Until that occurs, it is a series of mini-bulls inside of a long 15-20 year secular bear.

  9. super_trooper says:

    Given changes from 03/2009 until to day. What would be the necessary changes for you to call it a secular bull market? When do you know is THIS is a secular bull market? I don’t care for general rules (analogy ->I am interested in personalized medicine, not treating a large population).

  10. [...] Checking in on the health of the cyclical bull market.  (Big Picture) [...]

  11. According to the Dow Theory, the stock market is close to signaling a primary bear market (cyclical one). If the markets violate the 06/05/2013 lows, the fun is over for the reasons explained here:

    http://www.dowtheoryinvestment.com/2013/06/dow-theory-update-for-june-12-dow.html

  12. sellstop says:

    this “pullback” is less about the Fed and taper and more about the Japanese “bond vigilantes” getting riled up by the prospect of a sudden and intentional devaluation. And the 30yr span of this carry trade means that the effects are widespread in the world markets over that time. The US$ has been artificially supported over the last decades, keeping inflation in this country low and allowing the Fed to pursue the policies that they have pursued. This is about too many big comfortable bets all on the same side of the boat, to mix metaphors….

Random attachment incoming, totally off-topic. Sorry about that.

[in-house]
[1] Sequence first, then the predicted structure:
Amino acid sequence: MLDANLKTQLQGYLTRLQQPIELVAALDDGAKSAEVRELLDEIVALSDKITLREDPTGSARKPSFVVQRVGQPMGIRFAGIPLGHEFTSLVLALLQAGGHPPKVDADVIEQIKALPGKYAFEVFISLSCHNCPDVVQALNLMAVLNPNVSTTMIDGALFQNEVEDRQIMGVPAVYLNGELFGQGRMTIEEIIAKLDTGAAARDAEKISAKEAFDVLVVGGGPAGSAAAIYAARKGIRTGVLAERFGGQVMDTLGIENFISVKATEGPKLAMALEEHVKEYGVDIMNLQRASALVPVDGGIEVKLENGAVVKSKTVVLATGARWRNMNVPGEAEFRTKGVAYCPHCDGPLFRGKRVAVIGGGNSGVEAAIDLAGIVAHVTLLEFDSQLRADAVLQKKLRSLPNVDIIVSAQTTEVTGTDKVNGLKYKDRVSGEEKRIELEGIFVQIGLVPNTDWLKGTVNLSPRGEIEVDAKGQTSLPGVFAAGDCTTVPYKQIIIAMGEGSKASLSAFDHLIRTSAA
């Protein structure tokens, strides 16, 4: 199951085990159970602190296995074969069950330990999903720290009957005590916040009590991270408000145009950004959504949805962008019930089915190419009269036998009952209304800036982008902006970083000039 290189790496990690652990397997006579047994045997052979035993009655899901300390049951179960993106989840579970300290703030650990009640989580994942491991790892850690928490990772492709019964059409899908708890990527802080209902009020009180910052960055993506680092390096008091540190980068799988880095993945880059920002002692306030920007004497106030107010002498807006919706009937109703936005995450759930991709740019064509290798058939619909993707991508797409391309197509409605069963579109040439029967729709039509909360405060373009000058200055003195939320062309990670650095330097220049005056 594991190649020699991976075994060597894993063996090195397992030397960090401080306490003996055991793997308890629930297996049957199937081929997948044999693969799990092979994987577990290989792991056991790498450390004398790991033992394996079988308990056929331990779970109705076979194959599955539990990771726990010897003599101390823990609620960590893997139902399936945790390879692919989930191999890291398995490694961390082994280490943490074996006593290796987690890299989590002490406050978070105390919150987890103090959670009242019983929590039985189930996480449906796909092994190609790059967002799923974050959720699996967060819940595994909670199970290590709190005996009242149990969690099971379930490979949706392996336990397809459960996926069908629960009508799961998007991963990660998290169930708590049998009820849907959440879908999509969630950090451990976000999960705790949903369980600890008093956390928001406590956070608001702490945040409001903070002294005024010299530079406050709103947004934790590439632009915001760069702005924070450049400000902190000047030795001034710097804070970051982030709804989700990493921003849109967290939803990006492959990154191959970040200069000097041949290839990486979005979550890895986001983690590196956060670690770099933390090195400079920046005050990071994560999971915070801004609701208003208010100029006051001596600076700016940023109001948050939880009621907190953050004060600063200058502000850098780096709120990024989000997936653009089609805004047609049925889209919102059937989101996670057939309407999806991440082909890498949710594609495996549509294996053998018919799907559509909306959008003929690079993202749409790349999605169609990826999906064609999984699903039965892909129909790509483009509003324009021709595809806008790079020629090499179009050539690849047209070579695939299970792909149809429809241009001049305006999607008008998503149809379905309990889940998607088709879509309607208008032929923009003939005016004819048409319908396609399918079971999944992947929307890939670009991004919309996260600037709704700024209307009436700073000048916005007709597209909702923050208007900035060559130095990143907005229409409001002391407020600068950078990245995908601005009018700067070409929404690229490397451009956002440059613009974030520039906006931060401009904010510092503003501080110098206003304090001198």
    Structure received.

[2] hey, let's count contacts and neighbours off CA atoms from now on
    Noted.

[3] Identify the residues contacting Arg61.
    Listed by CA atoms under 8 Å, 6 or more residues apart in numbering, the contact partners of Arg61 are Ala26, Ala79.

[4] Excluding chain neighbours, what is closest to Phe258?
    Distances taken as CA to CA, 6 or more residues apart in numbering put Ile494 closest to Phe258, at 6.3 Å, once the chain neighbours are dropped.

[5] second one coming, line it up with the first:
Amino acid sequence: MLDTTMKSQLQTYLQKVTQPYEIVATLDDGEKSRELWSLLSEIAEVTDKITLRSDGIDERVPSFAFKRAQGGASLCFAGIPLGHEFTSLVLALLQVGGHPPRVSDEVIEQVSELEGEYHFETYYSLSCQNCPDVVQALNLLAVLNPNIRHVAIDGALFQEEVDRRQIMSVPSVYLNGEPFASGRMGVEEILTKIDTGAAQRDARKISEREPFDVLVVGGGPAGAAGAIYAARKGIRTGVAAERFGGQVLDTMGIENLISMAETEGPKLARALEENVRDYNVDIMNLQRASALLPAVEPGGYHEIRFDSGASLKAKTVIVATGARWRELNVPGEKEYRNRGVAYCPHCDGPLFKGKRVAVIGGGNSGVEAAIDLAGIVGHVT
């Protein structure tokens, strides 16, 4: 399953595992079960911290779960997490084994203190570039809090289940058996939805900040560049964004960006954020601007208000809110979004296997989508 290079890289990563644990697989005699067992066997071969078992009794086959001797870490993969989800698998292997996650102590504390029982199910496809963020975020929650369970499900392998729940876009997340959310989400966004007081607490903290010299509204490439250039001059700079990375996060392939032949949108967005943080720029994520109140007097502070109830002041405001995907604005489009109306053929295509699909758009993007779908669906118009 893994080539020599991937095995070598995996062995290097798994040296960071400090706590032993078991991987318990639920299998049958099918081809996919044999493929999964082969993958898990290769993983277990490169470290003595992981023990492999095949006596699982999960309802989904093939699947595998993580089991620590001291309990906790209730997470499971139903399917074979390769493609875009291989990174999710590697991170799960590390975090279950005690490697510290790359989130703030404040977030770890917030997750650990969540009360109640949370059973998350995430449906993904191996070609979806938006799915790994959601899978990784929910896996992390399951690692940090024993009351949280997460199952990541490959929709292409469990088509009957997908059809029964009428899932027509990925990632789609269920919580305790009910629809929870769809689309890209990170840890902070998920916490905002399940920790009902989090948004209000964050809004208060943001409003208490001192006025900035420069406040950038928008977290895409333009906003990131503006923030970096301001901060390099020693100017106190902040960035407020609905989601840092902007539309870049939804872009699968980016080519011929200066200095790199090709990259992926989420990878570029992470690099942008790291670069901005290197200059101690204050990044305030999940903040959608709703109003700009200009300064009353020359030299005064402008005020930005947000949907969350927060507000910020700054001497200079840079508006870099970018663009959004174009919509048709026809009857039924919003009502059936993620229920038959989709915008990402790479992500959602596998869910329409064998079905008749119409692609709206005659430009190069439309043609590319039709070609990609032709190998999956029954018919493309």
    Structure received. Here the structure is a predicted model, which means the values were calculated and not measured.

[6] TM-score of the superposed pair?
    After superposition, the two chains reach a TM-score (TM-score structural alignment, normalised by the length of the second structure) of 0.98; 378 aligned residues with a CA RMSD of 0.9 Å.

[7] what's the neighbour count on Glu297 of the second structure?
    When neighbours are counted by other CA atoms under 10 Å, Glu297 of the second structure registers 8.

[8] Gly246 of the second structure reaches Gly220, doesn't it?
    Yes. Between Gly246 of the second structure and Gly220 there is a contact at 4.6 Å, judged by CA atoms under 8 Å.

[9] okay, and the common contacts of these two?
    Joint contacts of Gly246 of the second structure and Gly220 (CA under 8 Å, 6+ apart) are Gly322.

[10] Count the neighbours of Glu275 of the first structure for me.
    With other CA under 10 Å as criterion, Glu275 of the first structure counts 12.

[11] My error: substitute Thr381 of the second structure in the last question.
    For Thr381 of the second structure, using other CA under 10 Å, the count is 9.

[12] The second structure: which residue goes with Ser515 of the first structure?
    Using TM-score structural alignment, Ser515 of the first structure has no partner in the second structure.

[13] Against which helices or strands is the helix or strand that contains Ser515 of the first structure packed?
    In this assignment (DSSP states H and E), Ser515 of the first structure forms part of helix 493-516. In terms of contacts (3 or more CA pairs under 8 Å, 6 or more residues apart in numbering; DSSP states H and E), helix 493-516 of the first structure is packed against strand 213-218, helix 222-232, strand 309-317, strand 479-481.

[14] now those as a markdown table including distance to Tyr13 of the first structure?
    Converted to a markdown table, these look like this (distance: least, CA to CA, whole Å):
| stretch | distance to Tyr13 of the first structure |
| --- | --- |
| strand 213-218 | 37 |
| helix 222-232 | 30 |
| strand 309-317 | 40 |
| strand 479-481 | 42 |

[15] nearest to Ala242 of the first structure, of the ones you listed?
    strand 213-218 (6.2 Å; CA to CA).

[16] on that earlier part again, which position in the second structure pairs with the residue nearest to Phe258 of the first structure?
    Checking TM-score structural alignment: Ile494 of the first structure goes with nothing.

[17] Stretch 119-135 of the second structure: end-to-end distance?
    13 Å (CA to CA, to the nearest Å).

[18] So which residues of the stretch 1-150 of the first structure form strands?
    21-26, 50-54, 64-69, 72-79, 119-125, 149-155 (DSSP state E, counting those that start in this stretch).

And I think it will be the next big thing. The loss of confidence in central banks and their ability to manage finance.
    Time will tell.
    gh

  13. sellstop says:

    And I ran into this over on Krastings blog from a couple weeks ago:

    http://brucekrasting.com/bond-vortex-in-the-works/

  14. [...] a better explanation was what we discussed 10 days ago: Up 16% in the first five and half months of the year is simply to rapid an ascent; we [...]